I almost don't need to visit Mexico City, I'm so convinced blogger/Twitter-er/foreign correspondent extraordinaire Daniel Hernandez nails the vibe in his 2011 book Down and Delirious in Mexico City. Definitely not a tour book, and not exactly a memoir, it's a collection of essays exploring the city's different subcultures. Punks, emos, fashionistas, hipsters, cholos, religious, etc. are among the observed. Meanwhile Hernandez, a San Diego native, explores his own relationship with these urban tribes.
We come along for the ride as he learns to embrace the city's passion, electricity, history, chaos and violence. Hernandez is not afraid to tour a neighborhood that used to be a trash dump to see the origins of Mexico City punk, risk his health in a sweat lodge ritual, or interview emos at a metro station as an anti-emo wave sweeps Mexico. Along the way we meet fashion designer/party boy Quetzal, late night bar companion Susana, and yellow and orange haired muse/philosopher Denise. Like an older brother Hernandez patiently explains the facts of life here -- kidnappings, street-level hustling, Santa Muerte, pollution, class differences -- at a level even a middle-class American who's never set foot in Mexico might understand.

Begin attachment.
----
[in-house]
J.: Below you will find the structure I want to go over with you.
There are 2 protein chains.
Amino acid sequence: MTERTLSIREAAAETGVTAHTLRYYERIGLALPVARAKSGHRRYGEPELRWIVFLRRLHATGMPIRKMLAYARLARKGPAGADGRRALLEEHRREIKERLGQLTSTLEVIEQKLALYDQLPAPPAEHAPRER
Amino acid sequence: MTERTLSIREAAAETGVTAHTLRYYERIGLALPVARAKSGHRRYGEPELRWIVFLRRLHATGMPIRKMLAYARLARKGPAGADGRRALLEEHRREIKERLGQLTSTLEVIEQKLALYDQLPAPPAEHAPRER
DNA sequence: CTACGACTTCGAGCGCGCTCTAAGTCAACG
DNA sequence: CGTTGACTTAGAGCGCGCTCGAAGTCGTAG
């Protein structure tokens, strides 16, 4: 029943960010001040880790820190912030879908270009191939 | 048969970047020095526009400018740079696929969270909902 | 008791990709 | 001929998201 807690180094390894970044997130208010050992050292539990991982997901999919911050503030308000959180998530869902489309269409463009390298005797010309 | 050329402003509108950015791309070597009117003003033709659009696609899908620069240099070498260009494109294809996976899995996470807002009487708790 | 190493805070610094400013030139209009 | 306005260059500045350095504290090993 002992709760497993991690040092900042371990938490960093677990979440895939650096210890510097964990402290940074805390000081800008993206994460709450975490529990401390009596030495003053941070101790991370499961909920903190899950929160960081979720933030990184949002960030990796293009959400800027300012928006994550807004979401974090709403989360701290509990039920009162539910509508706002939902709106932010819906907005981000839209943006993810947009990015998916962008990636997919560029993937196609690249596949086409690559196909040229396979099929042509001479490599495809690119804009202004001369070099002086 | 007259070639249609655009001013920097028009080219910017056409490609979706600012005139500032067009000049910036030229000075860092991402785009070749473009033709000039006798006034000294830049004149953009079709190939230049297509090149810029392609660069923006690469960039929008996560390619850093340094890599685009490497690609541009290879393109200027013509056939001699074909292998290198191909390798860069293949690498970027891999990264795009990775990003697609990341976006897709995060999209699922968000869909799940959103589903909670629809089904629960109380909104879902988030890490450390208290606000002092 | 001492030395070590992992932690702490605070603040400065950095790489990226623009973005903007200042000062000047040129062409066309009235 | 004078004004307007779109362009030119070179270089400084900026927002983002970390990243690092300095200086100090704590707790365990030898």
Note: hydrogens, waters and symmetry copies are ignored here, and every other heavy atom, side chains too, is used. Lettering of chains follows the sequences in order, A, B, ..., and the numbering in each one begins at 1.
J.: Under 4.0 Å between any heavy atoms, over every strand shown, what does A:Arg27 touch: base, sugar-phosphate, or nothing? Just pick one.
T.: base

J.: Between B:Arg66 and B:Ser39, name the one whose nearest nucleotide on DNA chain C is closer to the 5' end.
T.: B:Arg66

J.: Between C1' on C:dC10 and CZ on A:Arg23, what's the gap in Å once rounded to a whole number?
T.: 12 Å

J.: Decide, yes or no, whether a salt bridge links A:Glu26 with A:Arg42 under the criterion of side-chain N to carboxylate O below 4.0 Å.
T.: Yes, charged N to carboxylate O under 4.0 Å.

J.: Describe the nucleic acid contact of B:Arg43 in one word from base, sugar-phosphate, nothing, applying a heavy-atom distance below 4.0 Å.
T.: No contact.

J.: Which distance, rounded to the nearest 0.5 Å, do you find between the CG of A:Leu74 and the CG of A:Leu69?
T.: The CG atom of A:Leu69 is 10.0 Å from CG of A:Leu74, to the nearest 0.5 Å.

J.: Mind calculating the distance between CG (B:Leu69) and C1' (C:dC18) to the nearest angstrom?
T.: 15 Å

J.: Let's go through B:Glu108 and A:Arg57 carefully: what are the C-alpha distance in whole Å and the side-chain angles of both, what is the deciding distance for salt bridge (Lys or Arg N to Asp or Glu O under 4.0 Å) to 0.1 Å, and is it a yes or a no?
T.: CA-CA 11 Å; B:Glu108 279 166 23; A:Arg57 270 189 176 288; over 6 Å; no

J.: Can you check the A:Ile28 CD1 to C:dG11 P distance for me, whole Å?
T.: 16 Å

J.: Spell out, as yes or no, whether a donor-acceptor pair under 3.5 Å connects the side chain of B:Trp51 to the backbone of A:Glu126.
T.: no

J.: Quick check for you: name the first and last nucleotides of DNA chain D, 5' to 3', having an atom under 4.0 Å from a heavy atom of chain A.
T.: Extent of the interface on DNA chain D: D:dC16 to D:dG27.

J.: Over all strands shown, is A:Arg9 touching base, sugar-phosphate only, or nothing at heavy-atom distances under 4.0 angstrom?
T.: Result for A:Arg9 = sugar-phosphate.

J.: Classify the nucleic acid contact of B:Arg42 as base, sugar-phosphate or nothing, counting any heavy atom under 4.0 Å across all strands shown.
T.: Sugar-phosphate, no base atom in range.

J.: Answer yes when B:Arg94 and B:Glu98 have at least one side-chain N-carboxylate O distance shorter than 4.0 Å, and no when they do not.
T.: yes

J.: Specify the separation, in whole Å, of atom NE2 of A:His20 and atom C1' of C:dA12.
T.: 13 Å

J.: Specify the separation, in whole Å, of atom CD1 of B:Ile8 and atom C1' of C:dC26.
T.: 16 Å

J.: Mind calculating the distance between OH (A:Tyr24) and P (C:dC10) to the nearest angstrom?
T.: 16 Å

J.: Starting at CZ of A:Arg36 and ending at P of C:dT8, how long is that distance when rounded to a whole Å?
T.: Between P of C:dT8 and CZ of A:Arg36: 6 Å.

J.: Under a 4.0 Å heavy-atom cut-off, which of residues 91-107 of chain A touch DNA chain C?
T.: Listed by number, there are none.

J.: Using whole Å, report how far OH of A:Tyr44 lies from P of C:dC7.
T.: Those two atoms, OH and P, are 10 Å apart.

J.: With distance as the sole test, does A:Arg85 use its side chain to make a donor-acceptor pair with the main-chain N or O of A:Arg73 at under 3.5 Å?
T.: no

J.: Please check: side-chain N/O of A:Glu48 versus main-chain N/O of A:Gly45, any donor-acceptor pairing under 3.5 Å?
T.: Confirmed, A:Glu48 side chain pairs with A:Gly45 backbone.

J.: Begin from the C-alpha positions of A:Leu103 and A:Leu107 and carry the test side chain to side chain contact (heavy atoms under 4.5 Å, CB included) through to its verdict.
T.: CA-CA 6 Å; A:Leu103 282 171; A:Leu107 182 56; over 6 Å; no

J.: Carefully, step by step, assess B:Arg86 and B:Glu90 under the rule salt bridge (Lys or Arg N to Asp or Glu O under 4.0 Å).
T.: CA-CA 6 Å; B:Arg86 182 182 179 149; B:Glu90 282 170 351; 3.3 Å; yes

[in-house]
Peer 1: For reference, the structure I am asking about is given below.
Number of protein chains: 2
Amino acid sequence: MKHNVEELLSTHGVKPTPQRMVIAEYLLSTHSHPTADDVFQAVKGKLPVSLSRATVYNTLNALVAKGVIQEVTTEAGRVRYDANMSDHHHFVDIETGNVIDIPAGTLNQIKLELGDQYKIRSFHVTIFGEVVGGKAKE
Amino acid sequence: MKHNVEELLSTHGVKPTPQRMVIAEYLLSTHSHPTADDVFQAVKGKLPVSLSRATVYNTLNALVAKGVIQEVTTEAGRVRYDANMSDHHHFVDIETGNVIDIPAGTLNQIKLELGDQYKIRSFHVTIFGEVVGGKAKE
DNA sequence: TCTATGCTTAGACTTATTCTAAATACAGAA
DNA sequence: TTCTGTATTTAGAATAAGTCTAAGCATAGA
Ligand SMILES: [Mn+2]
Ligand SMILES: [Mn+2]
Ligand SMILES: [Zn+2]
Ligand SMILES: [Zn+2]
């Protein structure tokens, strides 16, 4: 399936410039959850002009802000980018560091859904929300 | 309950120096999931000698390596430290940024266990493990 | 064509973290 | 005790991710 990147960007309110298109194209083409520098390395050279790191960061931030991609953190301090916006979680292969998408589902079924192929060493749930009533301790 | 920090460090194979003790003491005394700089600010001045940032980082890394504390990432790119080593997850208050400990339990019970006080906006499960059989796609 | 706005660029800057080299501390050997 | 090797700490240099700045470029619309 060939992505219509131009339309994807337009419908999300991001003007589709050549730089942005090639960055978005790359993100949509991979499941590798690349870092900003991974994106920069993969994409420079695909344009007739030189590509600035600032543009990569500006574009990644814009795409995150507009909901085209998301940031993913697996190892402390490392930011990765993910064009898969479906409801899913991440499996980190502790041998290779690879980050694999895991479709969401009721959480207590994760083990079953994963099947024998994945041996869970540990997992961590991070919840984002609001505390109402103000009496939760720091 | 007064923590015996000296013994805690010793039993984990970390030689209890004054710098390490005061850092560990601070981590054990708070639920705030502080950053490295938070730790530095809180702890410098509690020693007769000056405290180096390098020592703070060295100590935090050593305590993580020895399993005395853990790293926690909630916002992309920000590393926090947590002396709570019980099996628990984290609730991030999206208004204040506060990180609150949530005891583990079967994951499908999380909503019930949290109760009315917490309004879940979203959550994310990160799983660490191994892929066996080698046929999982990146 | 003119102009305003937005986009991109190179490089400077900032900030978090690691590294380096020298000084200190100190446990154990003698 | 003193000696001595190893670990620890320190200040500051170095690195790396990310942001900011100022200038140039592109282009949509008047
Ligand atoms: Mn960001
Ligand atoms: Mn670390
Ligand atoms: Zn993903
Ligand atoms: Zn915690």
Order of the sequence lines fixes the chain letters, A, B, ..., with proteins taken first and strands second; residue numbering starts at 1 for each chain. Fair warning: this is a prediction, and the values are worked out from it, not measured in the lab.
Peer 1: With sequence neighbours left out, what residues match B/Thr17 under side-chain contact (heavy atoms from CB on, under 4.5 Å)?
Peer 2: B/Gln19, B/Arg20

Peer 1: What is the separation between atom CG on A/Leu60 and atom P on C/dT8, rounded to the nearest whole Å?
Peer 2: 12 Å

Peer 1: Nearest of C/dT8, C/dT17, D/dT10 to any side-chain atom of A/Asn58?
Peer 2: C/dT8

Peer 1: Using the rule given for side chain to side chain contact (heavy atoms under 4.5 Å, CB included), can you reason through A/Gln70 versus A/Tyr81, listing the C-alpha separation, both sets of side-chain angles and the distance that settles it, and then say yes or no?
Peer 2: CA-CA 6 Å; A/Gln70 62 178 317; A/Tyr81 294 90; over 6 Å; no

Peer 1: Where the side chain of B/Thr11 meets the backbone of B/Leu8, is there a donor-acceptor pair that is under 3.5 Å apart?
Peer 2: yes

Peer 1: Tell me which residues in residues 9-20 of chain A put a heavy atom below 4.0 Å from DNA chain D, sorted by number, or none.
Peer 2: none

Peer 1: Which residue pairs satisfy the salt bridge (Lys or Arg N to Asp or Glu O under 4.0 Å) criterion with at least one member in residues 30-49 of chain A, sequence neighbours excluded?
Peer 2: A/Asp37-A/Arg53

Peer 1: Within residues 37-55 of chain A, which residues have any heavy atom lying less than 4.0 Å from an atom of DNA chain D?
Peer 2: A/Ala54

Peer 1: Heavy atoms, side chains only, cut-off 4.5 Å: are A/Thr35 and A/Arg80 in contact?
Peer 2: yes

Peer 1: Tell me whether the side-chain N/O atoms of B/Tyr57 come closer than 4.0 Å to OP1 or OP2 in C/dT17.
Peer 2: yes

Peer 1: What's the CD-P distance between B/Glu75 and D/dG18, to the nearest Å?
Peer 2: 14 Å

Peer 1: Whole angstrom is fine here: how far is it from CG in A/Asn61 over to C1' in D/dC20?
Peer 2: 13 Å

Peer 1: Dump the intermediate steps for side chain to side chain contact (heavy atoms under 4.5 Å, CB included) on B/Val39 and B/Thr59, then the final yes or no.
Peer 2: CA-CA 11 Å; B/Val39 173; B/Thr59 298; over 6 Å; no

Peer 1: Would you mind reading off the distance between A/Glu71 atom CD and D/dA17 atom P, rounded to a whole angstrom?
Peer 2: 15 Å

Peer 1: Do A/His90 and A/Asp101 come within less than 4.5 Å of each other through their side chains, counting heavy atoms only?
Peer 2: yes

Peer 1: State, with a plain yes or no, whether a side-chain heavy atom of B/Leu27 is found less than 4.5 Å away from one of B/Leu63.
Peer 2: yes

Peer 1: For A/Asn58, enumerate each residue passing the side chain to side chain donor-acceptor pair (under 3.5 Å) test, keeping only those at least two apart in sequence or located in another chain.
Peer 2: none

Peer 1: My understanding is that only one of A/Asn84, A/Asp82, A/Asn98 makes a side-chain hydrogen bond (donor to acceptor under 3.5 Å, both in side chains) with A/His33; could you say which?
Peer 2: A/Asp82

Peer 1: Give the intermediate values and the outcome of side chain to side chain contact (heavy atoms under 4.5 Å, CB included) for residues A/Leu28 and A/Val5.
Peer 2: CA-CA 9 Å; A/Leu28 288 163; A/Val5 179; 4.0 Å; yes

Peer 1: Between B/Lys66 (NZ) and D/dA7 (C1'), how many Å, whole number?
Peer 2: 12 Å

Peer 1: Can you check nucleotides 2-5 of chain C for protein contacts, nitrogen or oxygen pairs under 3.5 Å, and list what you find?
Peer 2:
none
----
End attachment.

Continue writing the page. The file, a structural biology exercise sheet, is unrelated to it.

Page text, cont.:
Some of Hernandez's more interesting observations come when he turns his journalistic eye on himself and his own identity as a U.S.-raised Latino: "To capitalinos who know enough about what a U.S. upbringing produces -- our manner of walking, for one, quick and exasperated, our tentative Spanish, that starting pocho accent -- I am a gringo regardless of how dark my skin might be."
While he is technically an outsider, Hernandez appears quite at home in "the impossible megacity," which seems to satisfy his boundless appetite for excitement and new cultural horizons to explore.
The only things I didn't like about the collection are that I found it a little too focused on the hipster-esque side of the spectrum of Mexico City. *Another* interview with a fashion designer? The other thing is it seems like he wrote this for an audience who doesn't know a lick of Spanish and hasn't ever been near Mexico. If you've already traveled in Mexico, you will find some parts of the book very obvious. And using more Spanish (with translations, of course) would have brought the experience even closer, especially for those who know the language.
Despite this, Down and Delirious in Mexico City is a unique take on an amazing city. I highly recommend it, along with the author's blog.